The following criteria is the minimum required for a business to be considered eligible for a loan under this program:

The business must have employed 50 or fewer full-time equivalent (FTE) employees prior to March 2020; please note: any and all affiliates are counted in this total, including businesses with shared ownership;
The business must have had gross revenues of less than $2.5 million in 2019;
The business must have suffered a direct economic hardship as a result of COVID-19 which has materially impacted operations (as evidenced by at least a significant reduction in revenues since January 2020);
The business must have returned to or sustained, for at least one-month, at least 30% of pre-COVID revenues relative to a similar period in 2019;
The business must have demonstrated positive net income in 2019 (not including depreciation and amortization expenses);
The business must have been in operation since at least June 30, 2019; and
The main office or headquarters for the business must be in California. The loan must be used to support only a business’s California operations
The community lender will review each business’s financial condition and underwrite based upon the following general credit criteria and based on financial information provided by guarantor(s) and/or beneficial owners, which may vary based on lender:

The guarantor’s ability to pay back the loan in full;
The ability to make debt payments from revenues earned (monthly business debt service, including this new loan, to 2019 revenues ratio must be less than 25%);
Neither the guarantor nor any of the beneficial owners is involved in an active bankruptcy
No 30+ day delinquencies in January or February of 2020;
No more than one 60+ day delinquency;
No charge offs and no discharged bankruptcies from March 1, 2019 through February 29, 2020;
Neither the guarantor(s) nor any of the beneficial ownerships has been the subject of a repossession or foreclosure in the past 36 months;
There are no outstanding tax liens or judgments against the guarantor(s) or beneficial owner(s), unless subject to an active payment plan for at least the past six (6) consecutive months; and
There is no outstanding unpaid child support owed by the guarantor(s) or beneficial owner(s).
There is no minimum credit score that is required under this program. Each community lender may set its own credit score limits for the loan applications it reviews.

[INELIGIBLE BUSINESSES]

Businesses that are NOT eligible include, but are not be limited to:

Firms engaged in activities that are prohibited by federal law or applicable law in the jurisdiction where the business is located or conducted
Business engaged in speculative activities that develop profits from fluctuations in price rather than through the normal course of trade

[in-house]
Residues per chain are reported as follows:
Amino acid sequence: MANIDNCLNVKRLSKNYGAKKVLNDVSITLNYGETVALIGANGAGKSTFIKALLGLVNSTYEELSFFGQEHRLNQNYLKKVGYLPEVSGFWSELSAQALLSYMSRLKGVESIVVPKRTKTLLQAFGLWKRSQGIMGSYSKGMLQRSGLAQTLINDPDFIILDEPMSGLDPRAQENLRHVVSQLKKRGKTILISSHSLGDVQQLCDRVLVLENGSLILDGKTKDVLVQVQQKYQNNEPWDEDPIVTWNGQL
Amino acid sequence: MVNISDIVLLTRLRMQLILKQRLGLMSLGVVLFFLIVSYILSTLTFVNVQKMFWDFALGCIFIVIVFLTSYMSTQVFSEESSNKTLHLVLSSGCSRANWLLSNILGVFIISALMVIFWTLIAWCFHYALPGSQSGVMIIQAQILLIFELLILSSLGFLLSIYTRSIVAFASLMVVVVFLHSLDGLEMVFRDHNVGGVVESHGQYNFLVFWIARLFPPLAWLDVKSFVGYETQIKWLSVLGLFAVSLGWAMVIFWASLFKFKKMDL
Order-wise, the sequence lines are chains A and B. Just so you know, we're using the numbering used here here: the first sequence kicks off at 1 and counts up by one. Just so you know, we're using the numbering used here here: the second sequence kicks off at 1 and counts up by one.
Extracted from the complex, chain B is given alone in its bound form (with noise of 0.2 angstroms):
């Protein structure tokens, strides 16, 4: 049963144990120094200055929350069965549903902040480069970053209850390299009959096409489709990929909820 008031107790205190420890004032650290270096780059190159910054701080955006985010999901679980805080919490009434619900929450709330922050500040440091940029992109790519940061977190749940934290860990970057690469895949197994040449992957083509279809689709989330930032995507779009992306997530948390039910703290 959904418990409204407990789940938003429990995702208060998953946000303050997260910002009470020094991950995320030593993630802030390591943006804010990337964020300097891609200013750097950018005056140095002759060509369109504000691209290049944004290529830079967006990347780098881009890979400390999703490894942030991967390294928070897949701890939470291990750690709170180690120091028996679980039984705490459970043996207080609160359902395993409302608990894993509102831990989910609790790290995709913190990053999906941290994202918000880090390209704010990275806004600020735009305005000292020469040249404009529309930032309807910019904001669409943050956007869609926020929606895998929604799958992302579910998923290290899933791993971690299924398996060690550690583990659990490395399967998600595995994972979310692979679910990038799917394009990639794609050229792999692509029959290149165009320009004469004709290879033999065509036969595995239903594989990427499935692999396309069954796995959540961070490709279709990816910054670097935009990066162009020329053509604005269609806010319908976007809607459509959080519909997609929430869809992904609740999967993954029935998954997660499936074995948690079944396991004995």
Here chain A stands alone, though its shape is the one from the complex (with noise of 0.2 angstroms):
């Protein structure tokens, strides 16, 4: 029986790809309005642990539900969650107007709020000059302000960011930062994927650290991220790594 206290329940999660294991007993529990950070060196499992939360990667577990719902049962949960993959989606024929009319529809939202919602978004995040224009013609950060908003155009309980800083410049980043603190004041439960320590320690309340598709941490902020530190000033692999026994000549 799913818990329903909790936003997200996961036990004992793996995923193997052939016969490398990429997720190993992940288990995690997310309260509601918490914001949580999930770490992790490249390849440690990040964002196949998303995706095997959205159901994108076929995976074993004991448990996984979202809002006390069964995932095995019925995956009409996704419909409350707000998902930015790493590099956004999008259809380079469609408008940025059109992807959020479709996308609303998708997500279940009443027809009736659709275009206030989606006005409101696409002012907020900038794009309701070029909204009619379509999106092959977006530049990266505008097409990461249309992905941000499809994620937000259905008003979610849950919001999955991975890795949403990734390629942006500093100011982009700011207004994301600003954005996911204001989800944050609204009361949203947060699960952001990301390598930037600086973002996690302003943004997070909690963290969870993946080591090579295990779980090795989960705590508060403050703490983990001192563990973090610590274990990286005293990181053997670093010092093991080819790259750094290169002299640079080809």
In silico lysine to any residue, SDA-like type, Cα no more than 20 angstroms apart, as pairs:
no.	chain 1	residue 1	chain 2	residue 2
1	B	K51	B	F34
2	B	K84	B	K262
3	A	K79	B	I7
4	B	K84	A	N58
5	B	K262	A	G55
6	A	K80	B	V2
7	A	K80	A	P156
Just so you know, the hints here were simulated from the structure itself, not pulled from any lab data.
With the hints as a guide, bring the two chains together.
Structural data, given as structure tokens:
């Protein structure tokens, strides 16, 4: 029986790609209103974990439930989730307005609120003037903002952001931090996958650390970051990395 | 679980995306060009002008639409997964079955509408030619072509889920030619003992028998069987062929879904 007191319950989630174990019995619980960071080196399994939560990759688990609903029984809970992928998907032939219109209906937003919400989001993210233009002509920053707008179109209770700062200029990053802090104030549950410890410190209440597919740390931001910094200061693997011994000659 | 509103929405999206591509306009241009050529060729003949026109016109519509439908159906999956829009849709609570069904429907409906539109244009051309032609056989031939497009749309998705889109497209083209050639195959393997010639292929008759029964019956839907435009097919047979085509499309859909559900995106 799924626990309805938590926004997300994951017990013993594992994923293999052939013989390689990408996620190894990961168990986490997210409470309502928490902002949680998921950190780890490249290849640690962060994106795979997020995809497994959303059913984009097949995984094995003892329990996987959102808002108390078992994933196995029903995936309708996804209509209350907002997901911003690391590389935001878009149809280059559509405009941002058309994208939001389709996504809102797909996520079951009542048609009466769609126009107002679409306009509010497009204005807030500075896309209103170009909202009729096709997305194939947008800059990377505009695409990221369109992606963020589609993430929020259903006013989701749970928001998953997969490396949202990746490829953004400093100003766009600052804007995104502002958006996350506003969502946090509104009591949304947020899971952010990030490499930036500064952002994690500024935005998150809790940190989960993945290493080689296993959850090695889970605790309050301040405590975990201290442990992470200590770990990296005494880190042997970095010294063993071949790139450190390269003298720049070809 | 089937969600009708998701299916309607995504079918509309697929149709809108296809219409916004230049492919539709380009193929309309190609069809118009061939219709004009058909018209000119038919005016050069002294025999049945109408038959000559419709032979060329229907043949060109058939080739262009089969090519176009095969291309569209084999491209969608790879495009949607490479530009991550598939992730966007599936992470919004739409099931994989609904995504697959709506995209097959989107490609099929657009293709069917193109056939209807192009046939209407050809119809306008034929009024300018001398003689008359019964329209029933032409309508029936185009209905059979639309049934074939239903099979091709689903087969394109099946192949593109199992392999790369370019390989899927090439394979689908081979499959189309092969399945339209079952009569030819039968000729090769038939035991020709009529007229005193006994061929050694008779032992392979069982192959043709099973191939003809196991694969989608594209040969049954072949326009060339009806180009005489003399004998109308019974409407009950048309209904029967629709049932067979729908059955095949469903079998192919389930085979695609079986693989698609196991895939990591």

Facilities primarily used for gambling or to facilitate gambling
Businesses or firms engaged primarily in lobbying activities
Passive real estate investments

Contact the California Rebuilding Fund

Questions regarding potential partnership, please contact us.

 

 

DISCLAIMER:

THE ABOVE INFORMATION OUTLINES THE FRAMEWORK FOR A POTENTIAL SMALL BUSINESS NON-PROFIT LENDING VEHICLE IN WHICH IBANK HAS RECEIVED PRELIMINARY APPROVAL TO PARTICIPATE. NO SMALL BUSINESS LOANS WILL BE AVAILABLE UNTIL ALL STEPS TO FORM THE VEHICLE ARE COMPLETE. FORMATION AND OPERATION OF THE FUND REMAINS IN PRELIMINARY STAGES, IS SUBJECT TO CHANGE, AND THERE CAN BE NO ASSURANCES OF WHEN OR IF FORMATION WILL BE COMPLETE.

THIS SUMMARY OR WEBSITE SHALL NOT CONSTITUTE EITHER AN OFFER TO SELL OR AN OFFER TO PURCHASE SECURITIES. ANY PARTICIPANT IN THE FUND SHOULD REVIEW CAREFULLY WITH THEIR OWN LEGAL AND TAX ADVISORS THE DEFINITIVE DOCUMENTS IN CONNECTION WITH THE FUND BEFORE PARTICIPATING IN THE PROGRAM. THE FUND SHALL BE MANAGED AND CONTROLLED BY ITS PRIVATE SPONSORS AND IS INDEPENDENT OF THE STATE OF CALIFORNIA.

Contact the California Rebuilding Fund

Questions regarding potential partnership, please contact us.

 

DISCLAIMER:

THE ABOVE INFORMATION OUTLINES THE FRAMEWORK FOR A POTENTIAL SMALL BUSINESS NON-PROFIT LENDING VEHICLE IN WHICH IBANK HAS RECEIVED PRELIMINARY APPROVAL TO PARTICIPATE. NO SMALL BUSINESS LOANS WILL BE AVAILABLE UNTIL ALL STEPS TO FORM THE VEHICLE ARE COMPLETE. FORMATION AND OPERATION OF THE FUND REMAINS IN PRELIMINARY STAGES, IS SUBJECT TO CHANGE, AND THERE CAN BE NO ASSURANCES OF WHEN OR IF FORMATION WILL BE COMPLETE.

THIS SUMMARY OR WEBSITE SHALL NOT CONSTITUTE EITHER AN OFFER TO SELL OR AN OFFER TO PURCHASE SECURITIES. ANY PARTICIPANT IN THE FUND SHOULD REVIEW CAREFULLY WITH THEIR OWN LEGAL AND TAX ADVISORS THE DEFINITIVE DOCUMENTS IN CONNECTION WITH THE FUND BEFORE PARTICIPATING IN THE PROGRAM. THE FUND SHALL BE MANAGED AND CONTROLLED BY ITS PRIVATE SPONSORS AND IS INDEPENDENT OF THE STATE OF CALIFORNIA.